I was recently invited to speak at the Center for Advanced Studies and the Arts (CASA) in Oak Park, Mi. CASA is a wonderful school that offers students from multiple local districts opportunities for alternate programming based on their interests.
I was honored to receive a “Distinguished Alumni Award” this year.
I thought about it.
“Alumni” … certainly. I studied Philosophy and Japanese at CASA.
“Distinguished” … I’m not so sure.
If I am distinguished, why?
I have a family and a job. I serve kids, and I partner with colleagues and parents to do so.
My core is aimed at positive progress. I think and I act on a foundation of optimism, growth, kindness, and determination.
I hold on to hope even when I’m gasping for air.
I work hard to forgive my shortcomings and those of others.
I reflect with some intensity as I stumble through this world so that I can enhance that stumbling, and I even have faith that my stumbling could eventually become a stride.
I work for it.
I don’t know that I’m distinguished on a foundation of achievements or position. After all, I’ve been given so much. I’ve been privileged my entire life. I remain privileged.
No, if I am distinguished I think it might be because I follow my passions wherever they may lead.
I wonder, what if our passion is our purpose?
What if the process outweighs the product?
What if attending to and sharing our passions sustains a fire within each of us that spreads when we connect with others?
What if, even with the stumbling along the way, that’s what changes the world?
What if our fires burn brighter when they’re shared?
What if life is a series of mutually beneficial interactions of inspiration that drives a collective passion and enhances our world?
I have passion for literature, for music, and for storytelling.
When I was invited to speak at CASA I thought I’d be sharing a part of my story with students. It turns out I was sharing with students, teachers, administrators, parents, and fellow Alumni. I was glad to have the opportunity.
I was also nervous. I was very nervous.
I was especially nervous because I decided I’d be playing my guitar and signing that morning. I believe I referred to my nervousness as “terrified” when I addressed it with the audience.
In full disclosure I decided to throw in the towel many times before the event. I tried hard to convince myself not to do it. I thought of many good reasons not to. On the basis of my fears I vigorously attempted to talk myself out of it.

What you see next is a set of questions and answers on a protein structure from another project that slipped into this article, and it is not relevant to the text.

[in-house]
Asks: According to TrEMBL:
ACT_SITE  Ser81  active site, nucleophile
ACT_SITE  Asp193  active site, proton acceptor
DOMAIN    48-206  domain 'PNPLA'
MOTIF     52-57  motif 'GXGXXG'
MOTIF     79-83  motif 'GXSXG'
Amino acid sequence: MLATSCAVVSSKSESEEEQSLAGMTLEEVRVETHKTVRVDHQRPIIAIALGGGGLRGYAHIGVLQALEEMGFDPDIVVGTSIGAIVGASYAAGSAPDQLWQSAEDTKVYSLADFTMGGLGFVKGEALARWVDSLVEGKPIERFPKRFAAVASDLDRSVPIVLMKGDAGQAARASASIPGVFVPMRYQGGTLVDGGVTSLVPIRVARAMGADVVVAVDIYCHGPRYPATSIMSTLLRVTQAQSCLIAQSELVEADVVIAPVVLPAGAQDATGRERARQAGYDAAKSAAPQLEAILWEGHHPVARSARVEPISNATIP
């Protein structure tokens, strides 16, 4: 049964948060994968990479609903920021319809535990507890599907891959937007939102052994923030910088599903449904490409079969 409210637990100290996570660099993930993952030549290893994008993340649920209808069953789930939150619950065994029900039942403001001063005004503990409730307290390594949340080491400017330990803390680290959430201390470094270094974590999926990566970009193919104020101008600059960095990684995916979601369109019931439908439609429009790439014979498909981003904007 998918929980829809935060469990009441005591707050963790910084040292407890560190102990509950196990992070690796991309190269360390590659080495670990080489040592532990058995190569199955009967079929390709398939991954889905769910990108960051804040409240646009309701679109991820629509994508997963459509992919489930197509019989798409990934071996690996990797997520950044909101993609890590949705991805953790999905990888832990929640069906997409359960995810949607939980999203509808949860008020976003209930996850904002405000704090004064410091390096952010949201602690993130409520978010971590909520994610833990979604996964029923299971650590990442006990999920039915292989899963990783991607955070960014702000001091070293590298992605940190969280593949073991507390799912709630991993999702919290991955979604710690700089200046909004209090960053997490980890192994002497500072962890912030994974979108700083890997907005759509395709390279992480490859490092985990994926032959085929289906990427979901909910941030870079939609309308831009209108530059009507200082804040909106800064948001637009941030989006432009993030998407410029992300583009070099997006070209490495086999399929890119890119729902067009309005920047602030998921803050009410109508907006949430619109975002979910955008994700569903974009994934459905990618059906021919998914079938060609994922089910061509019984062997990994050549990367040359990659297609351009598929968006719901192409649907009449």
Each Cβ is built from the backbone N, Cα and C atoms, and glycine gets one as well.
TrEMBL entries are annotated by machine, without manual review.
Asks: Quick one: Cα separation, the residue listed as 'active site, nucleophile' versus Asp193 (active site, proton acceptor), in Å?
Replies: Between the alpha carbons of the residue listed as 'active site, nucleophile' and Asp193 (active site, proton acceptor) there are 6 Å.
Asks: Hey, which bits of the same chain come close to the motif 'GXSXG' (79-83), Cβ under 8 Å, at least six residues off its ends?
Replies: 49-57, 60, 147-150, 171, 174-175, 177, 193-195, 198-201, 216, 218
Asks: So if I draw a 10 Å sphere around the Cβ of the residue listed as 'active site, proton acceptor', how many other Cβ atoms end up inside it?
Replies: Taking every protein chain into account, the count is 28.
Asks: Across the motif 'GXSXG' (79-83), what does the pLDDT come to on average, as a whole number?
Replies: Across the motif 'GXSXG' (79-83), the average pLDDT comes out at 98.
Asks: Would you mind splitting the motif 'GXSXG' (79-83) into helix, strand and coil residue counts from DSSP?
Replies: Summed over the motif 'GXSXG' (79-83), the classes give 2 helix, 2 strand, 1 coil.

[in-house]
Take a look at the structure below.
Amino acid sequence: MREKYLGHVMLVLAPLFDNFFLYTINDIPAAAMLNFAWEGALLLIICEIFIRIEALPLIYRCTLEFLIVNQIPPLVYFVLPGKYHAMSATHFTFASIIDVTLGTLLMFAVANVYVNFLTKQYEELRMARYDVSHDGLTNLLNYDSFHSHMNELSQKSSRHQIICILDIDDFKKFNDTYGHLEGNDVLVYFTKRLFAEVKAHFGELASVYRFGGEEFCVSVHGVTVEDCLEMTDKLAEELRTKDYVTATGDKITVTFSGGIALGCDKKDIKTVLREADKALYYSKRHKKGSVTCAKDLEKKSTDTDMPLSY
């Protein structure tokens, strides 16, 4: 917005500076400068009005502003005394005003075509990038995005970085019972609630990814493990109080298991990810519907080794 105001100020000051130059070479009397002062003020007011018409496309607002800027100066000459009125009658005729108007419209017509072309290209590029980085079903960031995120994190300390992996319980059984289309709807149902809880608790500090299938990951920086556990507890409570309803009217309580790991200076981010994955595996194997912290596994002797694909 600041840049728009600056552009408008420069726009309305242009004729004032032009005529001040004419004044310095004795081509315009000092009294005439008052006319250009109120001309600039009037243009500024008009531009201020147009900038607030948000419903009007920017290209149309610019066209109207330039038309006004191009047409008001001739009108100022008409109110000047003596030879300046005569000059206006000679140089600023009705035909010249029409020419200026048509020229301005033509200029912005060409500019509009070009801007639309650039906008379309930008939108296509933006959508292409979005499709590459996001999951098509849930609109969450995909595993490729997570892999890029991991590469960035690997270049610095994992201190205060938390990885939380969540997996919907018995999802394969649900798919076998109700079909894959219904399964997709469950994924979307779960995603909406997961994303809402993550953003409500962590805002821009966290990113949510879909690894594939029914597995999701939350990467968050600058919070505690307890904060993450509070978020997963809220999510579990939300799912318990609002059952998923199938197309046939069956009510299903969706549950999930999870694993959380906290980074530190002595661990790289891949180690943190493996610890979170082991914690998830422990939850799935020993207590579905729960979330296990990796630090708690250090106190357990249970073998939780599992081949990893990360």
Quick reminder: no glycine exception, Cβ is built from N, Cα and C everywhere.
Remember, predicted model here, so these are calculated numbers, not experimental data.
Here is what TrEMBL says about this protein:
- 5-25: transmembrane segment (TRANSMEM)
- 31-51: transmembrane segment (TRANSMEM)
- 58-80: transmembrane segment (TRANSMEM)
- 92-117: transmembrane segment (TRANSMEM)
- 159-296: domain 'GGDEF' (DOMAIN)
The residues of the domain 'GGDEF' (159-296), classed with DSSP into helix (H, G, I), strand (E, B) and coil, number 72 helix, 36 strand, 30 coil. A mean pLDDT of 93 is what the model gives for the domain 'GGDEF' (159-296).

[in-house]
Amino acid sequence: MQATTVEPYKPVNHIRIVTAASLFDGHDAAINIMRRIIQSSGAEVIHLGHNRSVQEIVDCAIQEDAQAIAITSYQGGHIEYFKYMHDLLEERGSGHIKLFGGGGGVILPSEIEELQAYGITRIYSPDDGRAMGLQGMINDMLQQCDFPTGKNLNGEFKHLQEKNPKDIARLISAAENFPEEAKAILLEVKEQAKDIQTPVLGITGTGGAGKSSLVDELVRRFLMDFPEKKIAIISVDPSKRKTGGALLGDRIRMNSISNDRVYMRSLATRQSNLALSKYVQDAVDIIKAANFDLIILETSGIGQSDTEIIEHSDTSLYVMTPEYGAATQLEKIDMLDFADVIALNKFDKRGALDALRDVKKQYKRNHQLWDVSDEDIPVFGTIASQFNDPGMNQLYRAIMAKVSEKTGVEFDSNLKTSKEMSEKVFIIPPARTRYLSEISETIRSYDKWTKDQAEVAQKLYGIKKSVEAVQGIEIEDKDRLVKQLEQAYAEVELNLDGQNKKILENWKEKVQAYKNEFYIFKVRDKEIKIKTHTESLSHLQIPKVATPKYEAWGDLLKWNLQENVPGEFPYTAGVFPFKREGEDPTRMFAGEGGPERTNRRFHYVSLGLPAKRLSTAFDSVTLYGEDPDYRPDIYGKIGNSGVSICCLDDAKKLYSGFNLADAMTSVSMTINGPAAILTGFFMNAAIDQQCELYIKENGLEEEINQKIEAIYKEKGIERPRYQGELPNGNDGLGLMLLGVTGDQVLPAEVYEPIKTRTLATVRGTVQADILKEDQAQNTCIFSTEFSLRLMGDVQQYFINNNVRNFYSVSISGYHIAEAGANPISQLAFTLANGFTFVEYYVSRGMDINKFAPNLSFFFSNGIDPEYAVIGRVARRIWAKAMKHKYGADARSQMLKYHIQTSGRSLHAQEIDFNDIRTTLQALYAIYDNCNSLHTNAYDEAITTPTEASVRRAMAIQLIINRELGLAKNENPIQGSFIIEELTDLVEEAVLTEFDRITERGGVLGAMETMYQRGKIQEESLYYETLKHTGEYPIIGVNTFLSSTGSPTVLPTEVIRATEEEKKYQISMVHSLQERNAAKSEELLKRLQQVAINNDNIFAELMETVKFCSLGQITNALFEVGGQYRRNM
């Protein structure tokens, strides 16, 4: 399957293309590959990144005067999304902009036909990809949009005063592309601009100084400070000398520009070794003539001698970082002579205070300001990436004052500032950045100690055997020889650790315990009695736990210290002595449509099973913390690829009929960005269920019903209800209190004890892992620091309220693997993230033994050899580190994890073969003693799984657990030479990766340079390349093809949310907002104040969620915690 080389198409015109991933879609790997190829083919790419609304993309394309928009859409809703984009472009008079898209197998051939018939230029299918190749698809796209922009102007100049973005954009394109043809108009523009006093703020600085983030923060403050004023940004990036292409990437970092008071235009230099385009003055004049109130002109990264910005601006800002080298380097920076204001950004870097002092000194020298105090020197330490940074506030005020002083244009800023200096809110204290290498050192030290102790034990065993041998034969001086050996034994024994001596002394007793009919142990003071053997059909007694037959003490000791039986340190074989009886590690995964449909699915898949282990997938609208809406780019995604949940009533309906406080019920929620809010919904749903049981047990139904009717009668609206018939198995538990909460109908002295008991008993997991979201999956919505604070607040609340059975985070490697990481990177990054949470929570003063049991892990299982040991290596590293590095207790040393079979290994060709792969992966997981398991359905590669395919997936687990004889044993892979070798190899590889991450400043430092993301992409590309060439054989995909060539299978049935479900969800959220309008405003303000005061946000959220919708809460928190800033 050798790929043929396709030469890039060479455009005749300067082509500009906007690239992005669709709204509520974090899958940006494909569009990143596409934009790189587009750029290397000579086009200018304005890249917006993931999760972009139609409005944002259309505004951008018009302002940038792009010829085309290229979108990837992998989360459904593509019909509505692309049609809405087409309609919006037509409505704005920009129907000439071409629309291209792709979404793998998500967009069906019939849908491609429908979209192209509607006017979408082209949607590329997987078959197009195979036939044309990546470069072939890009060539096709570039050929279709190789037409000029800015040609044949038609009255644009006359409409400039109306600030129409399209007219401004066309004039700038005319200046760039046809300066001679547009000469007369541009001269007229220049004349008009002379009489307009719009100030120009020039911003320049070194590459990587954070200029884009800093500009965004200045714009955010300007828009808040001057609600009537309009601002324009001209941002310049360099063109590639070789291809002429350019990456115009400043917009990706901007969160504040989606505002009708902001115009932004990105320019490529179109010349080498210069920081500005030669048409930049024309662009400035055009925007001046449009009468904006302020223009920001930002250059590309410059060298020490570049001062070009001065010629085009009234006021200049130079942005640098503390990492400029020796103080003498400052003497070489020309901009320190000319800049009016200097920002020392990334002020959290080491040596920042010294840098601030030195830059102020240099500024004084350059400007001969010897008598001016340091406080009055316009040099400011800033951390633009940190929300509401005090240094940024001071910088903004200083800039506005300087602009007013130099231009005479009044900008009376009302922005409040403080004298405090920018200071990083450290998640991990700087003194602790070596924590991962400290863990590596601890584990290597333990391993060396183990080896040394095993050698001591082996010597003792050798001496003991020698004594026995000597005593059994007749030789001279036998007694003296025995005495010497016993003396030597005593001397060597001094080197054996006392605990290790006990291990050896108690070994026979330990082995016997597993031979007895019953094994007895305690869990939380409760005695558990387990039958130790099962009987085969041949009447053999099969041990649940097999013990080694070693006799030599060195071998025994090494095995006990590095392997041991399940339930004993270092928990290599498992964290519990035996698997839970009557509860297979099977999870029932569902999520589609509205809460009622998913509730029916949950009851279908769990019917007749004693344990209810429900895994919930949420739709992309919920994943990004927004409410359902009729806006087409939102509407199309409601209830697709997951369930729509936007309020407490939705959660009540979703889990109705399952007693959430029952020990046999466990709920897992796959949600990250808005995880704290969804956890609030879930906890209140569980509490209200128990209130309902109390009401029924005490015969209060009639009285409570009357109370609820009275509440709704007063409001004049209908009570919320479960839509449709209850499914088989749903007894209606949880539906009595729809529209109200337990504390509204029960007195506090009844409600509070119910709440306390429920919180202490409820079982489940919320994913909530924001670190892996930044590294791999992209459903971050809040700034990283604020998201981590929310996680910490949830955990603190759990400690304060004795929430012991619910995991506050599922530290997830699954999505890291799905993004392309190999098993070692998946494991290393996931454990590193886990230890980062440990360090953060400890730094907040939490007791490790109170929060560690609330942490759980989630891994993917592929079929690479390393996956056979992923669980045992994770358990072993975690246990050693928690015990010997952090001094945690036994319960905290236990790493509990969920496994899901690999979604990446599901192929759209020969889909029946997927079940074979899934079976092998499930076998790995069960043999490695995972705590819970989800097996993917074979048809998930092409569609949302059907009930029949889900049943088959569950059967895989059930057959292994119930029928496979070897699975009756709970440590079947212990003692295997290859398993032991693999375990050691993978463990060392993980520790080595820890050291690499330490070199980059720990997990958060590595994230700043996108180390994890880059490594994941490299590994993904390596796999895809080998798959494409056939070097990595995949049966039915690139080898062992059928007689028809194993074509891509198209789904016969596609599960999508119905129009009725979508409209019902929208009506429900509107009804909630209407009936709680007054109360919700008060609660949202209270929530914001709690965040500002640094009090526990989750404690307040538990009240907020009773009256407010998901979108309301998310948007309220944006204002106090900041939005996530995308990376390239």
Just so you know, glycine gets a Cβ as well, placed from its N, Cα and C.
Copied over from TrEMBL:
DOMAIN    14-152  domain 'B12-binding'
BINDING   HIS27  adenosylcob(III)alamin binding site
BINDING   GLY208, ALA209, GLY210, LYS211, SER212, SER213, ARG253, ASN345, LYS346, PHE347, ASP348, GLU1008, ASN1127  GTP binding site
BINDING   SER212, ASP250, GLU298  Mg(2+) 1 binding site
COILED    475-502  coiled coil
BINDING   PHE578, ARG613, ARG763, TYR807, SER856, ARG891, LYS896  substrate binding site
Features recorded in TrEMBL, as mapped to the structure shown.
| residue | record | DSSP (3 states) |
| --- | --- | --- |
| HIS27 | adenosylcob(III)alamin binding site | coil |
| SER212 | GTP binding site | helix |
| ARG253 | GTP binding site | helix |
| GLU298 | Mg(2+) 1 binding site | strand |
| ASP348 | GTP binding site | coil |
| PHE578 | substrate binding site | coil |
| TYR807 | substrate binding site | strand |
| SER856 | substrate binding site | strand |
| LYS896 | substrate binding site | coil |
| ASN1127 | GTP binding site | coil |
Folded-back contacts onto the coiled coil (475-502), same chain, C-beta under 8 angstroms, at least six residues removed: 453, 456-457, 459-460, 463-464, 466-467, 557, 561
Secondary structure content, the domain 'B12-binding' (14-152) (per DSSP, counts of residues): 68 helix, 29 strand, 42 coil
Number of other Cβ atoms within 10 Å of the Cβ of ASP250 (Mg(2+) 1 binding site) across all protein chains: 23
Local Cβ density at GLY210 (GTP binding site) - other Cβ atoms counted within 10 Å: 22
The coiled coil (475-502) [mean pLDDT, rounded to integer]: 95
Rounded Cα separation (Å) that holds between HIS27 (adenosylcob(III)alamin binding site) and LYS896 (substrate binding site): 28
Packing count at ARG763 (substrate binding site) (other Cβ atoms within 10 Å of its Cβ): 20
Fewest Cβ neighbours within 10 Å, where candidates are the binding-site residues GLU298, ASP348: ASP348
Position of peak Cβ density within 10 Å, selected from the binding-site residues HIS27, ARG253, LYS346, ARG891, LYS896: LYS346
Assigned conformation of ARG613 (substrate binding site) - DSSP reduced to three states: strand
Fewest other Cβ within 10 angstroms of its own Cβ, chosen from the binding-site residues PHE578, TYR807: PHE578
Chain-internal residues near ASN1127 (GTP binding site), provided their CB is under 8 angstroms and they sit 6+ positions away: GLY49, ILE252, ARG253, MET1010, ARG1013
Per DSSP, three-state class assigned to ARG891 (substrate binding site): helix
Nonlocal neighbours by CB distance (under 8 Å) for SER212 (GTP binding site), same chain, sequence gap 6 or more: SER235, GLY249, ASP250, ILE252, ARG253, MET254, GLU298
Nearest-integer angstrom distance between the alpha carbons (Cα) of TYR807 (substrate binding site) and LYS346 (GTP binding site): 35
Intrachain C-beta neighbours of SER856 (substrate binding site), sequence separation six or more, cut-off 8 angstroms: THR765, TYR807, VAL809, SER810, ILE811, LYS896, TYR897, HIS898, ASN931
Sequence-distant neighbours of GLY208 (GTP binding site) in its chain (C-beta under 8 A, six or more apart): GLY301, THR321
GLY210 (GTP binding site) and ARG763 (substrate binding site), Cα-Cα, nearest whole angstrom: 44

But that morning I found myself carrying my guitar to the truck, and then to the space in which I would deliver the message. I knew that if I had my guitar with me I was likely to play it. If others saw me with it I was likely to sing. They would expect it. They did.
Before I left the house I asked my nine year old son how he prepared for the stand up comedy/ventriloquism act he recently did in his school talent show. This kid has demonstrated some shyness over the course of his nine years, and the courage he brought forward for an outstanding, funny, and passionate performance was inspiring to so many people on so many levels. Me and Lorelei especially.
His performance is embedded in my heart and my mind as permanent inspiration for the pursuit of my passions.
Nonchalantly, he told me the secret, “I took a deep breath and believed in myself.”
Indeed. Out of the mouths of babes.
As I watch and reflect on the recording of my reading (thank you Kobi Yamada and Mae Besom: What Do You Do With An Idea?), my singing (thank you Colin Hay: Waiting For My Real Life To Begin), and my sharing, I see that some of that nervousness bled through.
I would have thought that I might cringe a bit at jumbled words and phrases, misplaced notes and chords, off pitch vocals, and a wobbly-kneed presentation of thoughts and ideas, but I didn’t…and I’m not.
Actually, I feel good about the rawness of the moment. I feel good about being fallible in front of a crowd. I feel good about publicly moving through mistakes on the foundation of my core values and sharing a bit of my humanity with others.
I am a husband, a farther, a learner, a leader, and a servant.
What if this type of moment is just what I need to enhance my ability to carry out each of those roles with an increasingly positive impact throughout the moments that follow?
If I am “distinguished,” what if some uneasiness and the enlisting of a bit of determination to push through it is why?
So, in the hopes that a demonstration of followed passions and shared ideas might somehow connect with even one person in that room, or in this space, who might be in need of some permission to step over the edge in embracing and sharing a passion, a thought, or an idea, here’s what I did…warts and all:
Live. Love. Listen. Learn. Lead. Thanks.